In early January, Lumosity, one of the most recognized providers of online brain training, executed a $2 million settlement with the Federal Trade Commission (FTC) for making unsupported claims to the public through its marketing, including that by playing Lumosity’s online games, one can protect against dementia and improve performance at work and in school.
How did Lumosity allow these deceptive advertisements to happen? In a recent interview with KQED Science, Lumos Labs CEO Steve Berkowitz explained troublesome marketing decisions such as offering prizes in return for users’ success stories without disclosing this fact on its website, as symptoms of rapid growth and product passion. “As a young company, what you’re doing, people are very passionate about the product,” Berkowitz said. Now “we’re focusing on making sure that the things that we’re doing have a basis in fact.”
Communication consultants and marketing agencies are an invaluable asset for companies that publicly advertise. We conceive corporate personas, anticipate and squelch crises and author messaging directed to precisely targeted audience members. Another hat that we wear is that of trusted advisor. Once the marketing agency has developed an honest relationship with the client, the advisor can then “hold the mirror up” to the client. Although a large part of our responsibility is to position clients for their desired market position, we must also find the balance between how the company desires to be perceived, with where it currently stands – and advise accordingly.
When a marketing agency proves themselves as a trusted advisor, and not merely a “yes man” or “yes woman,” two powerful things occur. First, you command respect from your client when you provide them honest advisements. Second, while it is impossible to know company leaders’ intent when it comes to false advertising, establishing a relationship based on trust and honesty with the client will provide a space for dialogue on sensitive issues.
As communications advisors, we ensure that the client’s public promises are honest in relationship to their current market position. For companies in the for-profit sector, profit maximization is but one objective, and profit is only realized when the public decides to trust the brand and its products. The promises, the assertions of fact – these are what the public relies on when choosing which company to trust over a competitor. The currency in which the communications advisor primarily deals is honesty. We promote the strengths; we acknowledge the challenges – but we never spin.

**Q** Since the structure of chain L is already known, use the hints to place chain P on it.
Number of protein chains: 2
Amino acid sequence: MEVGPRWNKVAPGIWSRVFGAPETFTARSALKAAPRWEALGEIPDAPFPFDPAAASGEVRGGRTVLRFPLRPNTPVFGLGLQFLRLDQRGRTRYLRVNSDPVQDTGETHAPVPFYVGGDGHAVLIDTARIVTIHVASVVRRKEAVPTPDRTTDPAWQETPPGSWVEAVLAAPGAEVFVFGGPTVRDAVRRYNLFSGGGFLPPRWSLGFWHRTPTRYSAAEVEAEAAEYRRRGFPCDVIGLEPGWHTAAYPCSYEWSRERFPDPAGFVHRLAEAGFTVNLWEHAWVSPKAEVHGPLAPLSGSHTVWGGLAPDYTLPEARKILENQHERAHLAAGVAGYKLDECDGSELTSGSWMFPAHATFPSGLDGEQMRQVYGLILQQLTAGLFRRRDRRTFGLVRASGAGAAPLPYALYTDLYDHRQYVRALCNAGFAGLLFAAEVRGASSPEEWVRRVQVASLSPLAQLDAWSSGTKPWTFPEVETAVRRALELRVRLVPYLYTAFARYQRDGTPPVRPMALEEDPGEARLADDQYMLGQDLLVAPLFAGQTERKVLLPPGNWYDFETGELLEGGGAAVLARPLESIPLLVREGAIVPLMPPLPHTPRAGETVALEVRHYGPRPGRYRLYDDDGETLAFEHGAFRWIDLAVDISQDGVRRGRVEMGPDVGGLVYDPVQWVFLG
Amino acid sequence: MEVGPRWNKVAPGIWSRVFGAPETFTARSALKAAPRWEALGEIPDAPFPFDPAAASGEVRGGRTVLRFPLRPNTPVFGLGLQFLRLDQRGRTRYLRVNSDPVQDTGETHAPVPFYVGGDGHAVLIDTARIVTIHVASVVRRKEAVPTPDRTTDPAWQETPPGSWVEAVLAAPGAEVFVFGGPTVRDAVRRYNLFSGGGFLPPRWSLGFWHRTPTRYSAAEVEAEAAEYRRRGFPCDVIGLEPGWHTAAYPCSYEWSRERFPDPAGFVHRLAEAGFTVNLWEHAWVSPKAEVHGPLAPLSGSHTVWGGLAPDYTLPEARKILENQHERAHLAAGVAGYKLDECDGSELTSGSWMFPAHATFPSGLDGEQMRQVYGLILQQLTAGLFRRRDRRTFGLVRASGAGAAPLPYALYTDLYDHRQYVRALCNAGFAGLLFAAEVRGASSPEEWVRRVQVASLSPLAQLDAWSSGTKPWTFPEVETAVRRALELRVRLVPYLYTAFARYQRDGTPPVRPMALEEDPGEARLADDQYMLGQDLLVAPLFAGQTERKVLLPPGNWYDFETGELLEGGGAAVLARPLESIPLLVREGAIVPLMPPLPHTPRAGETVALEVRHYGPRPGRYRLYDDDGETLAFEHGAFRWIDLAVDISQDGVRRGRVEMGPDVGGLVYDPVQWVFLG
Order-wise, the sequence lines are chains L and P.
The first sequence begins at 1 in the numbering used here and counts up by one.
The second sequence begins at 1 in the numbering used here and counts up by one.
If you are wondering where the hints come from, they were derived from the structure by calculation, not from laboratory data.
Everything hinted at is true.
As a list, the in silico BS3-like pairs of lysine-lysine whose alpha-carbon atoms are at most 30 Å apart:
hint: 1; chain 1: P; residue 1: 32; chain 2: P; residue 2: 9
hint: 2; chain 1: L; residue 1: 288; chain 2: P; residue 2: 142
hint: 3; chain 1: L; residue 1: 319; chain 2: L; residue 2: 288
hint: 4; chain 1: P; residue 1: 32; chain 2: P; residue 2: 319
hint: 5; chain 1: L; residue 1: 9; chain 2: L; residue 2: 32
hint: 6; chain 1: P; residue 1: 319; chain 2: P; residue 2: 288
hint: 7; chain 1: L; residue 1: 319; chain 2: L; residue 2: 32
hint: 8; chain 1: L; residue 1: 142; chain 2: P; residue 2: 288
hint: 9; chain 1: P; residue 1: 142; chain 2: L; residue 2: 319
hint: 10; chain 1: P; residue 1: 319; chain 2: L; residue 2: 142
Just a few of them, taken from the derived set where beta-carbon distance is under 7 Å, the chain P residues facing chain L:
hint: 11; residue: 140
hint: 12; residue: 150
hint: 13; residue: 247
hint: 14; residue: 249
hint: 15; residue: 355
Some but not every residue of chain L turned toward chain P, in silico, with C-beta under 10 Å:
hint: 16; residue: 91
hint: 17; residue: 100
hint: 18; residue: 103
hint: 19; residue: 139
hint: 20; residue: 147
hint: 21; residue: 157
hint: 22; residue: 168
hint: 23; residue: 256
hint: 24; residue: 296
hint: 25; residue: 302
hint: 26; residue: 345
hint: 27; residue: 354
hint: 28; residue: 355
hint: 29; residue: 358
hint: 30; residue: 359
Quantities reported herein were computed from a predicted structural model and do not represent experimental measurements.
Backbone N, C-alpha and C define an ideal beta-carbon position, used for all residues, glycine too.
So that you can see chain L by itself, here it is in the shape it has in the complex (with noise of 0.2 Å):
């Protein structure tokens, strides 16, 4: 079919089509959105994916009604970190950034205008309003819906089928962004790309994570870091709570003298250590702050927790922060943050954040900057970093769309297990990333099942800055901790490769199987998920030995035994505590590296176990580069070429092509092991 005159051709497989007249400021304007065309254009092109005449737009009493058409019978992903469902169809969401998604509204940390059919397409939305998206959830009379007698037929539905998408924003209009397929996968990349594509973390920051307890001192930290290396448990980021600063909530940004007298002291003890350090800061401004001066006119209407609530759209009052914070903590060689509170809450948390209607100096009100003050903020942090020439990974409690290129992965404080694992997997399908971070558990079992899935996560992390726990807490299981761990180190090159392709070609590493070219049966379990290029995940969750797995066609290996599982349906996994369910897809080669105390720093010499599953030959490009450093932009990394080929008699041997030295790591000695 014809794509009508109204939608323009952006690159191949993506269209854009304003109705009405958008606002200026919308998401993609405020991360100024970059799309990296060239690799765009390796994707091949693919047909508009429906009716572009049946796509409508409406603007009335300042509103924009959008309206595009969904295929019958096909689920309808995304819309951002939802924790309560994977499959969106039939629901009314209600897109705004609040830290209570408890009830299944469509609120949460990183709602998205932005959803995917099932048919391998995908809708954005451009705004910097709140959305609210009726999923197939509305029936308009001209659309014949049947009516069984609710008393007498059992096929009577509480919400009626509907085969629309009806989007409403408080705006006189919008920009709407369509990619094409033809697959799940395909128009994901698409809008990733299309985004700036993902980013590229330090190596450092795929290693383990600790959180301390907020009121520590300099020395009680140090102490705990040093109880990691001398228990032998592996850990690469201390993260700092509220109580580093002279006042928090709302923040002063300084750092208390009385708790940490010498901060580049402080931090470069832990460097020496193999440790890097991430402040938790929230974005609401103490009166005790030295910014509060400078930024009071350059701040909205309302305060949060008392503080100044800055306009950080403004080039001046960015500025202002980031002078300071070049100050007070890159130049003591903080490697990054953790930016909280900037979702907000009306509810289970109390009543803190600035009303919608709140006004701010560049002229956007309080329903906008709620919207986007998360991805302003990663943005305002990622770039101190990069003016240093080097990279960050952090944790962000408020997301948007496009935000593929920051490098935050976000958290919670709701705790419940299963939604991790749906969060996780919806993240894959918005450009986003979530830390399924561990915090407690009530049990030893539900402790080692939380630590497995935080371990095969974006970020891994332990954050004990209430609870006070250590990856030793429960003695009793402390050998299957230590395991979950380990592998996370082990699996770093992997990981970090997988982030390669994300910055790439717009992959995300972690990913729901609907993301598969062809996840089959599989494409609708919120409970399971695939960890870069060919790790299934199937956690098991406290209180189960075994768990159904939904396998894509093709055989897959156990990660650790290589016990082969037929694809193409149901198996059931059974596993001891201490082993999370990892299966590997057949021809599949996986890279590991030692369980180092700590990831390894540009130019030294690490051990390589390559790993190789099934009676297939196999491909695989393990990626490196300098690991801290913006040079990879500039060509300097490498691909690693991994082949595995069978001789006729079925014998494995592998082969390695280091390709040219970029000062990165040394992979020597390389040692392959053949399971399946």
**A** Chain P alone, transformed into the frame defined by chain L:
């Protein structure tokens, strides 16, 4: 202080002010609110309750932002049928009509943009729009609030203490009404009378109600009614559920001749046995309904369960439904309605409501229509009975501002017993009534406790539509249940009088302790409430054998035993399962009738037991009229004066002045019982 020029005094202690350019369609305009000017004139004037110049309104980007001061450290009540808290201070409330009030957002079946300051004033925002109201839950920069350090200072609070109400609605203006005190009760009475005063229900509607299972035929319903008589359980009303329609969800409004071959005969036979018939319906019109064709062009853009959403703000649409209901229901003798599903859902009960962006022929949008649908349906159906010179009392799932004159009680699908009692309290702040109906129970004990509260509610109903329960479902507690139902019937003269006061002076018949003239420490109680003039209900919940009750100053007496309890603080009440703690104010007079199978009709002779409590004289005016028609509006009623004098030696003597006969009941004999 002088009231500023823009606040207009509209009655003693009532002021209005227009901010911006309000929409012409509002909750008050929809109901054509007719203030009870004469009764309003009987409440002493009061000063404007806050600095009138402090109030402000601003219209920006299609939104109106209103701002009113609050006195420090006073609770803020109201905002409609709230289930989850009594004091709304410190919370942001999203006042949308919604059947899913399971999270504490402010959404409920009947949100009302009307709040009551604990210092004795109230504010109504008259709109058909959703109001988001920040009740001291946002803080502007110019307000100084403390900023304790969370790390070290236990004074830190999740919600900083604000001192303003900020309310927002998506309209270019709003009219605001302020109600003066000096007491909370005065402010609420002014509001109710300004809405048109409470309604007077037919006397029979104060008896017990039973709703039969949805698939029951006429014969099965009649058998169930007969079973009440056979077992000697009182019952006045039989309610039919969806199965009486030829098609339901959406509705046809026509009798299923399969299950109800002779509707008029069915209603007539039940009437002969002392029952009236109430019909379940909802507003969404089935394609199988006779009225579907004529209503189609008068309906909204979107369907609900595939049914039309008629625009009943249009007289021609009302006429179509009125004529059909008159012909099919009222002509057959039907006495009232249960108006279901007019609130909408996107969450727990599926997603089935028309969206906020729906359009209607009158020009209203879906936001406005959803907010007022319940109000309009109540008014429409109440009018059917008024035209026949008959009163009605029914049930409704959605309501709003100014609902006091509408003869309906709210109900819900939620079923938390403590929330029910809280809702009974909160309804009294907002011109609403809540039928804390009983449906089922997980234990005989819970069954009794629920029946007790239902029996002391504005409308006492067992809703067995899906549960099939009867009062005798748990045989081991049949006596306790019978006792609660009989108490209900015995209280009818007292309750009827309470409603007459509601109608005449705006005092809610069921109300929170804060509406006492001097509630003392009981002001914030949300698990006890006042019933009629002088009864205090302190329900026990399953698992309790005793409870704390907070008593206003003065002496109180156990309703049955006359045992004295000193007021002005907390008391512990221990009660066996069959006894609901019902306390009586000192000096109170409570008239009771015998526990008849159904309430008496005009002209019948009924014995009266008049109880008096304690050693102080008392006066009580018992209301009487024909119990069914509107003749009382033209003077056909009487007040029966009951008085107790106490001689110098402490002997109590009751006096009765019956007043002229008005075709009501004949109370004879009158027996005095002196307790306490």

Some companies knowingly cast advertisements into the stream of public consumption with the intent to deceive its audience, and other companies genuinely believe their product and its promises to be truthful. The decision is made easy for a communications advisor when the company knowingly disseminates false promises, but, before things get to the point of no return, understand that at times, company leadership may suffer from corporate vertigo and can lose perspective on their own products and services.
When the brilliant minds of entrepreneurs are set to the daily task of innovating, their job is to forecast and create things that do not yet exist. While the entrepreneur is vision-casting, the advisor’s place is to see the company as it exists through the eyes of the public, while constantly positioning for market survival and advancement. It is through the partnership of the company and communications advisor, that the passage between “now” and the next “game changer” is navigated smartly, beginning with honesty.